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Daughters bury volunteer Burt Howard in PCCC shirt, hat signed by Payne Stewart


When he retired to the Ozarks in the early 1990s, Burt Howard became a fixture every summer at the Price Cutter Charity Championship presented by Dr Pepper. For 20 years, he was the tournament’s transportation director.

So when he recently passed away, his daughters thought of this idea: Instead of dressing him in a military uniform, let him lay in rest in PCCC attire – wearing a volunteer shirt and holding his favorite hat, signed by none other than PGA legend Payne Stewart.

His graveside service with full military honors was Monday at the Missouri Veterans Cemetery in Springfield.

“Putting him in a suit would be ridiculous,” said Karen Cavalli, his daughter. “The only way I see him is in his golf shirt and shorts.”

“That’s Dad,” said his other daughter, Cynthia Ritchie. “He loved the tournament.”

Howard passed away on May 18 at age 88. The Kansas native was a World War II veteran and later worked for the U.S. Treasury Department as a special agent in the Intelligence Division of the IRS. He and his wife, Elnora May Coonrod, moved to the Ozarks after retirement.

That’s when Howard became involved with the Price Cutter Charity Championship presented by Dr Pepper. Back then, it was the Greater Ozarks Open of the Ben Hogan Tour, which is now the PGA’s Tour. The tournament has long relied on an army of 1,000-plus volunteers.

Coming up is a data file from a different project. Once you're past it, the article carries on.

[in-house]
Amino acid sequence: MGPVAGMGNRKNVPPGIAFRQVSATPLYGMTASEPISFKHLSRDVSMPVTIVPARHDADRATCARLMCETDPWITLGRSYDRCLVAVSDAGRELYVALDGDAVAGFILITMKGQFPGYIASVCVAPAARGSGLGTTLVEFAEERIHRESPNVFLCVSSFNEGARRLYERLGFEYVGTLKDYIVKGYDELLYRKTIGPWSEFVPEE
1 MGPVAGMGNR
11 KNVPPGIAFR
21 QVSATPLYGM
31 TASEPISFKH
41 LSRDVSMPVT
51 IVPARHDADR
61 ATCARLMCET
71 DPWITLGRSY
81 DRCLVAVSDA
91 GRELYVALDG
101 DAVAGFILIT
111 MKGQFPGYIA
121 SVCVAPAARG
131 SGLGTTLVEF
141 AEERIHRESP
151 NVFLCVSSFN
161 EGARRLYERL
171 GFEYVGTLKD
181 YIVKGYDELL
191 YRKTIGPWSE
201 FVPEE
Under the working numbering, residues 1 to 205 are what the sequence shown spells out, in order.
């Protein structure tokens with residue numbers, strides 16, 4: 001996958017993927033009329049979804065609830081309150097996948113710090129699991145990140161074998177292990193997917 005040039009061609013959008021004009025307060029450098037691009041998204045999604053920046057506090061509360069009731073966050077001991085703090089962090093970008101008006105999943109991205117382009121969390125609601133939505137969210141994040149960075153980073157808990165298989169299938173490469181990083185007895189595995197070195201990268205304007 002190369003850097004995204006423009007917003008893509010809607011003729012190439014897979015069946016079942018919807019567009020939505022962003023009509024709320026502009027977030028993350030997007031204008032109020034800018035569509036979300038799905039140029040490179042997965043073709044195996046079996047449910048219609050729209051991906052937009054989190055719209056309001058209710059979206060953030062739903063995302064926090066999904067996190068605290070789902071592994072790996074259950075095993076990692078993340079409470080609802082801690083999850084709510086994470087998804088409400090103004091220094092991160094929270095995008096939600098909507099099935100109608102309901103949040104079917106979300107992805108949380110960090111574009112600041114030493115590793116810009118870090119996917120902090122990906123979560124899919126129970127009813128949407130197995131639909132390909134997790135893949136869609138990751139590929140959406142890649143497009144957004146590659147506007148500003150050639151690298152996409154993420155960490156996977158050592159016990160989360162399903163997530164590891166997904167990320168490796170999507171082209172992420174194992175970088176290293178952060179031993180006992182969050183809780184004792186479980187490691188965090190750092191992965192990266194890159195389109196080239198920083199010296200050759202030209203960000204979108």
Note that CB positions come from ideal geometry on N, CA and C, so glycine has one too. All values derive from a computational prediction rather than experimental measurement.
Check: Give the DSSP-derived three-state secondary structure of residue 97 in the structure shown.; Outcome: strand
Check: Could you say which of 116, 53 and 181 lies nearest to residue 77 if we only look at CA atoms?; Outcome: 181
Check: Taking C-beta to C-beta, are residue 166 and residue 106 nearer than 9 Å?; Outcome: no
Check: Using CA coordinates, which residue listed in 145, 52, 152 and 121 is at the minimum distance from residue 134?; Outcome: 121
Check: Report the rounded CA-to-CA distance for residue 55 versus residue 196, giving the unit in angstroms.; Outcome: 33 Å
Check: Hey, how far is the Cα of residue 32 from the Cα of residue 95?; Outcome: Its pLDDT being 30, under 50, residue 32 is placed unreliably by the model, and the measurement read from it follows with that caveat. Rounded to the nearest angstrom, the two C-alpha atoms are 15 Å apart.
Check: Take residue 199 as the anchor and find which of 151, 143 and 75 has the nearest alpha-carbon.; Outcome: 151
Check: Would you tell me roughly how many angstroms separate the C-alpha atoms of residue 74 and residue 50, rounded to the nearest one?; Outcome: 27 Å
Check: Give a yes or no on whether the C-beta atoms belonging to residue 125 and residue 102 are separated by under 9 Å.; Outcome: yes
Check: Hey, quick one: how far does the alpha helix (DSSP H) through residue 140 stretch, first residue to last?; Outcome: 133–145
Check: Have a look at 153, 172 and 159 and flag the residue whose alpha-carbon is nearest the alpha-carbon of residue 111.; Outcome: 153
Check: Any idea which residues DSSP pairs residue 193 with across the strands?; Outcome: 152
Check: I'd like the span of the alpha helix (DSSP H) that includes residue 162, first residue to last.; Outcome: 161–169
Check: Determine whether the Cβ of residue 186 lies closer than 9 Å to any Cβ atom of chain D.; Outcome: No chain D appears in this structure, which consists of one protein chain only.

“He talked about it all the time,” Cavalli said. “He made little rules, including that you couldn’t be 80 and drive (for the PCCC). And when he turned 80, he had to follow his own rule. But he still made sure to be at the tournament.”

“After my mom’s passing, it’s probably what kept him going,” Cavalli added. “Even when he couldn’t do it, he still wanted to be out there. He absolutely loved golf.”

Howard’s positive impact for the PCCC was underscored Tuesday. That’s when Tournament Chair Sharyn Wagoner got choked up during a meeting of charity directors as she announced Howard’s passing.

“Burt was a special guy. He loved the tournament so much, and we loved him back,” Wagoner said. “He ran transportation for many years and, when age prevented him from doing that, he continued to help in other ways. We will miss him.”

Howard is survived by daughter Karen Cavalli and her husband Robert and their children, Amy Henrickson and Kelly Cavalli; daughter, Cynthia Ritchie and her husband Kelvin and their daughter, Samantha Ritchie; two brothers, Eugene Howard and Michl Howard; and seven nieces and nephews.

Memorial contributions can be made to Least of These, Habitat for Humanity of Springfield, MO and The Kitchen, Inc.